By Jared Chausow
By Katie Toth
By Elizabeth Flock
By Albert Samaha
By Anna Merlan
By Jon Campbell
By Jon Campbell
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Working from a screenplay by novelist Alex Garland, Boyle's filmhis first to see stateside release since the ill-fated, Leo-starring adaptation of Garland's bestselling The Beachisolates a robust strain of undead horror in a classic post-apocalyptic scenario. As the title suggests, the four weeks of contagion, panic, and death take place off-camera. 28 Days Later's omega man, Jim (newcomer Cillian Murphy), wakes from a coma to find London deserted but for a few distressing telltale signs: overturned double-deckers, newspaper headlines ("EVACUATION!"), wads of useless money, and most harrowing of all (not least for a New York audience), a makeshift memorial of missing-person flyers.
That scene was shot before the WTC attacks (it was actually based on photos from the 1995 Kobe earthquake), and Boyle says he was so unnerved to subsequently see near-identical images in Lower Manhattan that he considered editing it out. Garland says the viral dread of recent months has left him queasy about promoting the film: "I'm uncomfortable that we might effectively be selling it on a series of very unfortunate coincidences. But if we released it in 1985, it would have been HIV. In 1920, it could have been syphilis or polio. It's not like anything has substantially changed. People get incredibly zoned in, understandablyI do tooand they perceive something as new when it isn't."
Indeed, as a genre exercise, 28 Days Later is not so much timely as timelessa canny mash-up of horror tropes, many of them from George Romero movies (Day of the Dead and The Crazies in particular). Garland also notes the importance of British influences: John Wyndham's The Day of the Triffids ("every schoolboy reads it") and J.G. Ballard's catastrophic surrealism. "We were often aiming for atmosphere and scenic coherency at the expense of logic," says Garland. "That's also a rationalization, of course, because it was sometimes budgetary concerns. When Jim's walking through London, we didn't fill up the place with dead bodies and abandoned cars, partly because it's more atmospheric and partly because we couldn't afford to."
At a cost of just $10 million (digital video, no marquee names), 28 Days Later is geared for maximum profitFox Searchlight is counterprogramming it as a cult item with summer blockbuster potential. It's fitting that the movie is going up against The Hulk's tortured exercise in anger management; Boyle and Garland's virus is simply a concentrated, highly contagious form of ragethe infected turn homicidally rabid within seconds. The "psychological virus" allows Garland to revisit the lofty Nature of Man riffs that he smuggled into The Beach; 28 Days Later concludes, none too surprisingly, that you don't need to be infected to act like a monster. "A zombie film is a good vehicle for certain ideas," he notes. "It stops you from getting too pretentious."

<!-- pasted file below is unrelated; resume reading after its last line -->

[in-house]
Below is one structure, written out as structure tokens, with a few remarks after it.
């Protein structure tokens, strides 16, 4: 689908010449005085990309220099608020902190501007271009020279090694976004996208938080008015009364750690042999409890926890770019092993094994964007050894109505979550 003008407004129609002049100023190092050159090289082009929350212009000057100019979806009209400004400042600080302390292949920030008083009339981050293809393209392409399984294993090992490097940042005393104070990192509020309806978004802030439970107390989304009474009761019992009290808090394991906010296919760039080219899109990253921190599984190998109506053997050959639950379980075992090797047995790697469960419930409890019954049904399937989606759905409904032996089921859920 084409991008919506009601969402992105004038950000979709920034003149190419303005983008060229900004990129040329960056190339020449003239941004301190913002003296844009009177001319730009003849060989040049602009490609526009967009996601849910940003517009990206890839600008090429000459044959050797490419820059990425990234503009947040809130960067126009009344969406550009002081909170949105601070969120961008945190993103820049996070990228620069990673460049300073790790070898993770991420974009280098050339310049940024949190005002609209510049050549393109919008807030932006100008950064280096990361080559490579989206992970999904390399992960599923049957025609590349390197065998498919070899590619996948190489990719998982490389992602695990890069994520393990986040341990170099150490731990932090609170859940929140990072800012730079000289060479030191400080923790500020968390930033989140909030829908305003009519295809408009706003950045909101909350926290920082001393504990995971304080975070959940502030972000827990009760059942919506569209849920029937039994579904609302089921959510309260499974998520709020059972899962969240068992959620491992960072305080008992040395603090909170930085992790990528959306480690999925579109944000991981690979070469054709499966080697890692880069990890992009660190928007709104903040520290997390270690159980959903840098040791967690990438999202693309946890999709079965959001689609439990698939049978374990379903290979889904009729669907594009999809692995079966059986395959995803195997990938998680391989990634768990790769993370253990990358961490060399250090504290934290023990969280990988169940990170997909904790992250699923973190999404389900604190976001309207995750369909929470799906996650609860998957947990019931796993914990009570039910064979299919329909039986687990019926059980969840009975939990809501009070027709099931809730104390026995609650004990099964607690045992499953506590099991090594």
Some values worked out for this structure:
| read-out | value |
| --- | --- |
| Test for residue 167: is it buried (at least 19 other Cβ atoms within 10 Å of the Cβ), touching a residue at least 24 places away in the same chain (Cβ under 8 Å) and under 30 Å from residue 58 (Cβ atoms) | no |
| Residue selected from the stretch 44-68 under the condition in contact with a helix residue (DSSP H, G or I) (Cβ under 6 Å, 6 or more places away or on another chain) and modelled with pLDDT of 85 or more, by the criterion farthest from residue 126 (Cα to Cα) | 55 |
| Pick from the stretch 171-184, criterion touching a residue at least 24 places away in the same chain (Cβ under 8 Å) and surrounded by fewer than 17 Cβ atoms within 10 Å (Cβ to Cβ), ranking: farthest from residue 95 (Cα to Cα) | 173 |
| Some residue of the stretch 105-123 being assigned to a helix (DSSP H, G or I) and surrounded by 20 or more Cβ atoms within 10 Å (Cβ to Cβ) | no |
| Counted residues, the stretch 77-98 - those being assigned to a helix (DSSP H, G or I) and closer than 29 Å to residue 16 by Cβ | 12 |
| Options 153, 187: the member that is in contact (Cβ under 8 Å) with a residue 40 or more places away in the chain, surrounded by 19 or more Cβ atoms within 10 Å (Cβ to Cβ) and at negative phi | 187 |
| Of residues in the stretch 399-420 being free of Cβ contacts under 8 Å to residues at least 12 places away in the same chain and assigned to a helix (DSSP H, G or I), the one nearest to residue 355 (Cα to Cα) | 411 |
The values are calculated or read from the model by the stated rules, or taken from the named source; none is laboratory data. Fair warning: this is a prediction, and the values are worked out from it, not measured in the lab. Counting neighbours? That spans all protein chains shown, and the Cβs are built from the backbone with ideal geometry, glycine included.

While lofty behemoths like The Hulk and The Matrix wax oedipal and existential, 28 Days Later never neglects its zombie-flick obligations. Boyle gives the attack sequences a savage immediacy. His monsters, barely related to the stiffly lumbering undead of countless old B-movies, move like track athletes. "Zombies have run the whole cultural arcthey're on South Park," says Boyle. "You have to reinvent them, and we had this idea of speed. These video cameras can capture very high-contrast fast motion; they snatch at the image, so you get this slightly unreliable thing coming at you. You can't quite tell how fast it's moving, how quickly it'll be on you."
Not purely a cost-cutting measure here, DV is also a logical aesthetic fit. The degraded images convey a sense of blasted aftermath, and Boyle even encouraged his crew to engage in a bit of role-play. "The idea was that these cameras would survive," he says. "At one point, we were going to have Jim pick up a camera and look back at what someone had recorded. In a funny way, as a crew we could imagine that we were survivors as well, working with minimal equipment." It didn't hurt that said equipment was being wielded by the virtuosic Anthony Dod Mantle, the director of photography on Thomas Vinterberg's Celebration, regarded by many as the most inventive and resourceful of videographers. "He has a real love-hate relationship with the medium," Boyle says of Mantle. "He knows how to get the best out of it because he understands and embraces the limitations."